Ever wondered what happens to a letter to the editor that doesn’t make it into the paper? Yeah, us neither.
Despite what you might think, ex-Village Voice sex columnist and author Rachel Kramer Bussel doesn’t just spend time on sex blog book tours. She also writes letters to the New York Times. And when the Times fails to publish them, she sends them to this Web site, a sort of clearinghouse for rejected letters to editors (which, despite criticism, is not a “not a dumping ground for every letter sent to a ‘letters page,'” say its founders).
Here’s Kramer Bussel’s rejected Times letter from April 6:
To the Editor:
In “Campus Exposure” (New York Times Magazine, March 4, 2007) Alexandra Jacobs fawns over the college students she profiles [regarding their easy going attitude towards posing in the nude and publishing sexually explicit magazines like Boink at Boston University or H Bomb at Harvard Editor] even as she condemns them. She calls college sex columns “little red-light districts within the respectable black-and-white confines of established school newspapers,” while the Times‘ Stephanie Rosenbloom (“A Disconnect on Hooking Up” March 1, 2007) quoted former Columbia Spectator sex columnist Miriam Datskovsky to counter the more conservative views of author Laura Sessions Stepp just a few days earlier.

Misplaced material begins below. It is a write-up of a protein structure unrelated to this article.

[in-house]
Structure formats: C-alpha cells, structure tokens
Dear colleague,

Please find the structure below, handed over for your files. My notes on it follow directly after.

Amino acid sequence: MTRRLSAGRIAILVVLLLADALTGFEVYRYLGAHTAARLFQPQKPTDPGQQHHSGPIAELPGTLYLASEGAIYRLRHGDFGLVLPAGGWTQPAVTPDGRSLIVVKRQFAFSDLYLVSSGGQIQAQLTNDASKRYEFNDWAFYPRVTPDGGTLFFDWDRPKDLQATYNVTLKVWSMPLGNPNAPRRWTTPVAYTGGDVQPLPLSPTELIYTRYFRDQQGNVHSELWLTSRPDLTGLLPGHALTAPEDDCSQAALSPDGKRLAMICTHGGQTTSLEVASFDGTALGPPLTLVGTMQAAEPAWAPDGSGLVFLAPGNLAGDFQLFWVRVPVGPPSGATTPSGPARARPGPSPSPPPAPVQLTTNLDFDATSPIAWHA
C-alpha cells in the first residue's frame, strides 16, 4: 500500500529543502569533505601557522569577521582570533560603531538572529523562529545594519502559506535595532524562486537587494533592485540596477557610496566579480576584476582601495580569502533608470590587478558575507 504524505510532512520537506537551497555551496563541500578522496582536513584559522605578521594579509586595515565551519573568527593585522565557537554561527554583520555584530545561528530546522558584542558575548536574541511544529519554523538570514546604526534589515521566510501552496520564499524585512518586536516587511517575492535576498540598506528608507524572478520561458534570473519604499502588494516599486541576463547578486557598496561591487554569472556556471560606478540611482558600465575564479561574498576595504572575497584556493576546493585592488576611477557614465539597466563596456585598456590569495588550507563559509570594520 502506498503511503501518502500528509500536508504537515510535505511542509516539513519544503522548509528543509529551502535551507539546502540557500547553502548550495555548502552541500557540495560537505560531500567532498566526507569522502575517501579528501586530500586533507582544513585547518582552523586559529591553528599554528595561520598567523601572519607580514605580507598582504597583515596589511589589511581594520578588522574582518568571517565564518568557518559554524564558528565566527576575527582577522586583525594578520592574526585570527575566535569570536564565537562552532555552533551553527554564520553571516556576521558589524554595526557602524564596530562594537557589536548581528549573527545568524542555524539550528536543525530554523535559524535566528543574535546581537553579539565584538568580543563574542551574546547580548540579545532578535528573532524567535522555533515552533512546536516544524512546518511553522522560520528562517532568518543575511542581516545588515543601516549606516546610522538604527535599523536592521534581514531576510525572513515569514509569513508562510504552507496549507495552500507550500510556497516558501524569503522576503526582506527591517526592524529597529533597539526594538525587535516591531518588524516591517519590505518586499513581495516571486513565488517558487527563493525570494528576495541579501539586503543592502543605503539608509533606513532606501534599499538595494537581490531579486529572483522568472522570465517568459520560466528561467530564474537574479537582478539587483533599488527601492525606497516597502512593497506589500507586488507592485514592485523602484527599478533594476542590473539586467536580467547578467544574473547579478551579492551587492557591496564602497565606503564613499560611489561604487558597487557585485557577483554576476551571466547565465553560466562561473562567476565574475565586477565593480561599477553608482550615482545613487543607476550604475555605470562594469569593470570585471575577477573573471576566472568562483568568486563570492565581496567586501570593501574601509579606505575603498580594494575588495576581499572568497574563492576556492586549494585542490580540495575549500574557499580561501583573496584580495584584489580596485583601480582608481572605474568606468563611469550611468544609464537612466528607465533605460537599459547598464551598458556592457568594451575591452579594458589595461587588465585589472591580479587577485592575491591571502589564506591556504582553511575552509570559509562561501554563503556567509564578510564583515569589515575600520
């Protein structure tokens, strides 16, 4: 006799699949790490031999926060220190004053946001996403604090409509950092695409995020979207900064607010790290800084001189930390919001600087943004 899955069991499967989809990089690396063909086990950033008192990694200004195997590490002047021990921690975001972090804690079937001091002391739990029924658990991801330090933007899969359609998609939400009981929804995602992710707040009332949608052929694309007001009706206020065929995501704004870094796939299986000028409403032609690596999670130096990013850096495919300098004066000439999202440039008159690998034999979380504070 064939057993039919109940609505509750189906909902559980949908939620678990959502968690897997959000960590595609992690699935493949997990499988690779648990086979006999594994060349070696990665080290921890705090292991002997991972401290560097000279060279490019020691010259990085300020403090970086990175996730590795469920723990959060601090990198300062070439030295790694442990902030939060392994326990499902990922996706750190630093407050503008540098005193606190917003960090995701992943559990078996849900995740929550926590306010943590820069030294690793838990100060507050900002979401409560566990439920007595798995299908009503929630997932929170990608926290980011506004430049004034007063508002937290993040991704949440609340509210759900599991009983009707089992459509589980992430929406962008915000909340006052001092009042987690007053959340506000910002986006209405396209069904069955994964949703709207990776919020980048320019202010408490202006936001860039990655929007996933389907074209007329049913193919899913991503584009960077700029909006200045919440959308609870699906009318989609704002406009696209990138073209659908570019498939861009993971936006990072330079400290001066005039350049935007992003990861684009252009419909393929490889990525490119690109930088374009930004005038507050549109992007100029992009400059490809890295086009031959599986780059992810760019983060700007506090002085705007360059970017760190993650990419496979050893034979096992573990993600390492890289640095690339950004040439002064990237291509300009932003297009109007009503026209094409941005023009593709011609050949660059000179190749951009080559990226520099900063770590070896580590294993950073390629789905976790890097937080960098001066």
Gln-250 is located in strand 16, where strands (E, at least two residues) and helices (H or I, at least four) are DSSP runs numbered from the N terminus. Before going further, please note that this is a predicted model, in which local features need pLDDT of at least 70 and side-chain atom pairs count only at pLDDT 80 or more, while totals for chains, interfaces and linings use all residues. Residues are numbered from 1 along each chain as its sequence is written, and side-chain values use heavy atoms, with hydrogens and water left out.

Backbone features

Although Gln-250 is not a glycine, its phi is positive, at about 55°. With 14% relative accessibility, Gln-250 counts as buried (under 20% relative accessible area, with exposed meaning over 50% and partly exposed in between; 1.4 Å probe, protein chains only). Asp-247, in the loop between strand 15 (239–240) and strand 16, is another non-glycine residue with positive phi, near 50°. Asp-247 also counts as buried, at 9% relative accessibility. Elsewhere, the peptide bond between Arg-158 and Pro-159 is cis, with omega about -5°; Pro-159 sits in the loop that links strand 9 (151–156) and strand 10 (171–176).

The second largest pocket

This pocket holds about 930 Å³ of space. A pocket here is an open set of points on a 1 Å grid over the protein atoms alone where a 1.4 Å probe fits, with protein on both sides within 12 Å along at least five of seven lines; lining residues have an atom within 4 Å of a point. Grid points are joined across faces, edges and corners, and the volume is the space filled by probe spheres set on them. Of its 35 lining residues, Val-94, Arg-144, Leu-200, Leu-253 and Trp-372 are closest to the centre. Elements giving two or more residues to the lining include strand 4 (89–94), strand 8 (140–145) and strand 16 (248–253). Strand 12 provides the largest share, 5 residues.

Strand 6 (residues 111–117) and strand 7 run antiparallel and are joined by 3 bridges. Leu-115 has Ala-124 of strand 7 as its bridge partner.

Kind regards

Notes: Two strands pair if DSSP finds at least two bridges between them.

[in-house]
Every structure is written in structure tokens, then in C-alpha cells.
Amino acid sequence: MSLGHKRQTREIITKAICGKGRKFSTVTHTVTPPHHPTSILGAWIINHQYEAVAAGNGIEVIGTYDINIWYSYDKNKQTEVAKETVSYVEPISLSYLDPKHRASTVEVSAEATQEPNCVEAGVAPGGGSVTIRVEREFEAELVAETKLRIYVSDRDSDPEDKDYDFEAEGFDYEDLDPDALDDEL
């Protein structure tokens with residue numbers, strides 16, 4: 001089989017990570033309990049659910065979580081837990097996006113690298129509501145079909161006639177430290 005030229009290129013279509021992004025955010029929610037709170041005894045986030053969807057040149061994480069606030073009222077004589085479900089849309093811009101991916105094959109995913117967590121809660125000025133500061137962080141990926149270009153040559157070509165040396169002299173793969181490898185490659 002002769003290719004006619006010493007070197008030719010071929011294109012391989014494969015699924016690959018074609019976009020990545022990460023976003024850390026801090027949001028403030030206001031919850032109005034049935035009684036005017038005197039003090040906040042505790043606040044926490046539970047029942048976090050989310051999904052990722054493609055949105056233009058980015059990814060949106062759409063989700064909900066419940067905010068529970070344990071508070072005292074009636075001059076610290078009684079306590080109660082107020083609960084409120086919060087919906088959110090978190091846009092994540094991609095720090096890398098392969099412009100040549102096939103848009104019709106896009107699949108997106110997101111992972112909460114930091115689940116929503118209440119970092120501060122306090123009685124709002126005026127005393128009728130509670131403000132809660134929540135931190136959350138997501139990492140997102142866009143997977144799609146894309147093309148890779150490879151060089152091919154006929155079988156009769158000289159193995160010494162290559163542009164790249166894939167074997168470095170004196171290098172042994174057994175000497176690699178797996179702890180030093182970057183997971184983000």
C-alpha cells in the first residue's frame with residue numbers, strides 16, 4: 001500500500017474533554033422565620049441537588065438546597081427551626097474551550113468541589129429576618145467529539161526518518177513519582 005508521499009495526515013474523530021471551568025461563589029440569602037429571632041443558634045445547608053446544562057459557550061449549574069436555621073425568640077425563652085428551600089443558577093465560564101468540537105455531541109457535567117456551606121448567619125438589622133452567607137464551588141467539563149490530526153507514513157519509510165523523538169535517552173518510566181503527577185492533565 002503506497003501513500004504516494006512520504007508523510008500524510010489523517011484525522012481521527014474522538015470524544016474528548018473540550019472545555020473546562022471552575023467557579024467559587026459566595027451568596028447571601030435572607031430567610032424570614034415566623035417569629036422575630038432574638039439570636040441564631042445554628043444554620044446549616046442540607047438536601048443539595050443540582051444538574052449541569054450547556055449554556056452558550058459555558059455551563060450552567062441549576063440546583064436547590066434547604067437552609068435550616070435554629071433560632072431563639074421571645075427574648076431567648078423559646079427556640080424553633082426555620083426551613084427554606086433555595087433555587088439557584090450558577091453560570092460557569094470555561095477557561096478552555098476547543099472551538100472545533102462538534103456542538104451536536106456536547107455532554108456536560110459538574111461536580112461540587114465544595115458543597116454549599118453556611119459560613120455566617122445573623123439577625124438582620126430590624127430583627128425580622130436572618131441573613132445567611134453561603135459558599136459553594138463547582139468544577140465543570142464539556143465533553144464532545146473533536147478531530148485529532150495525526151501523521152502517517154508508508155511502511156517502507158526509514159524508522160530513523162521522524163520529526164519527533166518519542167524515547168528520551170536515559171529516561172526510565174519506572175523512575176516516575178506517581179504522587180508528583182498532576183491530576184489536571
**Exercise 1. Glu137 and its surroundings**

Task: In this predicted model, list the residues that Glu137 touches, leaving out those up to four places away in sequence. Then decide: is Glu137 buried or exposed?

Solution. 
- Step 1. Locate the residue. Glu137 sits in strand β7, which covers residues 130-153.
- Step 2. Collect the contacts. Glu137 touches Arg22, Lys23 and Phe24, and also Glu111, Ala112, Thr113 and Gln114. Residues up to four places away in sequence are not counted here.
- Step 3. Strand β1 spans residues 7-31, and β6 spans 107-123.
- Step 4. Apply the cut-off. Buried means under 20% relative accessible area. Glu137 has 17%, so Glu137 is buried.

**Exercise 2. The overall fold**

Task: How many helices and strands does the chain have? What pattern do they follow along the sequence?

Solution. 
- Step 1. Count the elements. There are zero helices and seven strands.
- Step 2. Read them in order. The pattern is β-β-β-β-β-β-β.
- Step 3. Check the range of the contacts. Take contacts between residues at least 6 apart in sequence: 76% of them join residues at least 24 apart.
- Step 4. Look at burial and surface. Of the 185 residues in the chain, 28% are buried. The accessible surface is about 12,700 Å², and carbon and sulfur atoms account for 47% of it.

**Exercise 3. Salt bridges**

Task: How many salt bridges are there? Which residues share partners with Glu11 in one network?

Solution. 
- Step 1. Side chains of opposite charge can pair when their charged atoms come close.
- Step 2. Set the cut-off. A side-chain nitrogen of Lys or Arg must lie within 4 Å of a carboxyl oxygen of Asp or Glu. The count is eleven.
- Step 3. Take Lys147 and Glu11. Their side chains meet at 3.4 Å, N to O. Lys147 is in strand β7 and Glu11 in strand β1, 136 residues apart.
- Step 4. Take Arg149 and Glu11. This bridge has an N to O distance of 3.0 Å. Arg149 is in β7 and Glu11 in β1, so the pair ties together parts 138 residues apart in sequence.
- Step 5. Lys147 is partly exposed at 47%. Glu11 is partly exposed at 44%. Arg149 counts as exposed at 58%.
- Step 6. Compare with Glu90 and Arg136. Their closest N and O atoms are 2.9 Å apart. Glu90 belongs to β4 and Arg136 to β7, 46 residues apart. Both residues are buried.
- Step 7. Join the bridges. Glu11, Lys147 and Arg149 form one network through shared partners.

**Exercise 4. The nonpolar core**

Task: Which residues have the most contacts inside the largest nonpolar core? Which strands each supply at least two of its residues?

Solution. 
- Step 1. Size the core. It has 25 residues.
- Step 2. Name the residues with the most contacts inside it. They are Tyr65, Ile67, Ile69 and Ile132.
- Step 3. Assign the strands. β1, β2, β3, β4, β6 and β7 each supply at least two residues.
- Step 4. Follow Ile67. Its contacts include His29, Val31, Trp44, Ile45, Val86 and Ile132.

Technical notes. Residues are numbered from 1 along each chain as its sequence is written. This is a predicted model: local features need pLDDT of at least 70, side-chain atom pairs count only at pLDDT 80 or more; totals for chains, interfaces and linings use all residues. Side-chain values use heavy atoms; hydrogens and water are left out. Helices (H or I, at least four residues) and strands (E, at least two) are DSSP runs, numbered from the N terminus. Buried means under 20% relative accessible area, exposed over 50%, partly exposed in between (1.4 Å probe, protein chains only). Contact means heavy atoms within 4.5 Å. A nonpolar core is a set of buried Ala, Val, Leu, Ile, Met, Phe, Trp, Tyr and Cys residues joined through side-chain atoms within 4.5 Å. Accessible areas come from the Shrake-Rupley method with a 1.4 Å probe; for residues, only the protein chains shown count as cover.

Can’t we accept that college-age students are simply more open when it comes to sex than those of us in our thirties, forties, and beyond and not judge them? As a former sex columnist for The Village Voice, I know that those of us who write about sex are often treated with the same level of respect as “sex workers” (read: none). I applaud this generation of sexual entrepreneurs for furthering the conversation about a topic that all of us, no matter our age, are endlessly curious about.
Rachel Kramer Bussel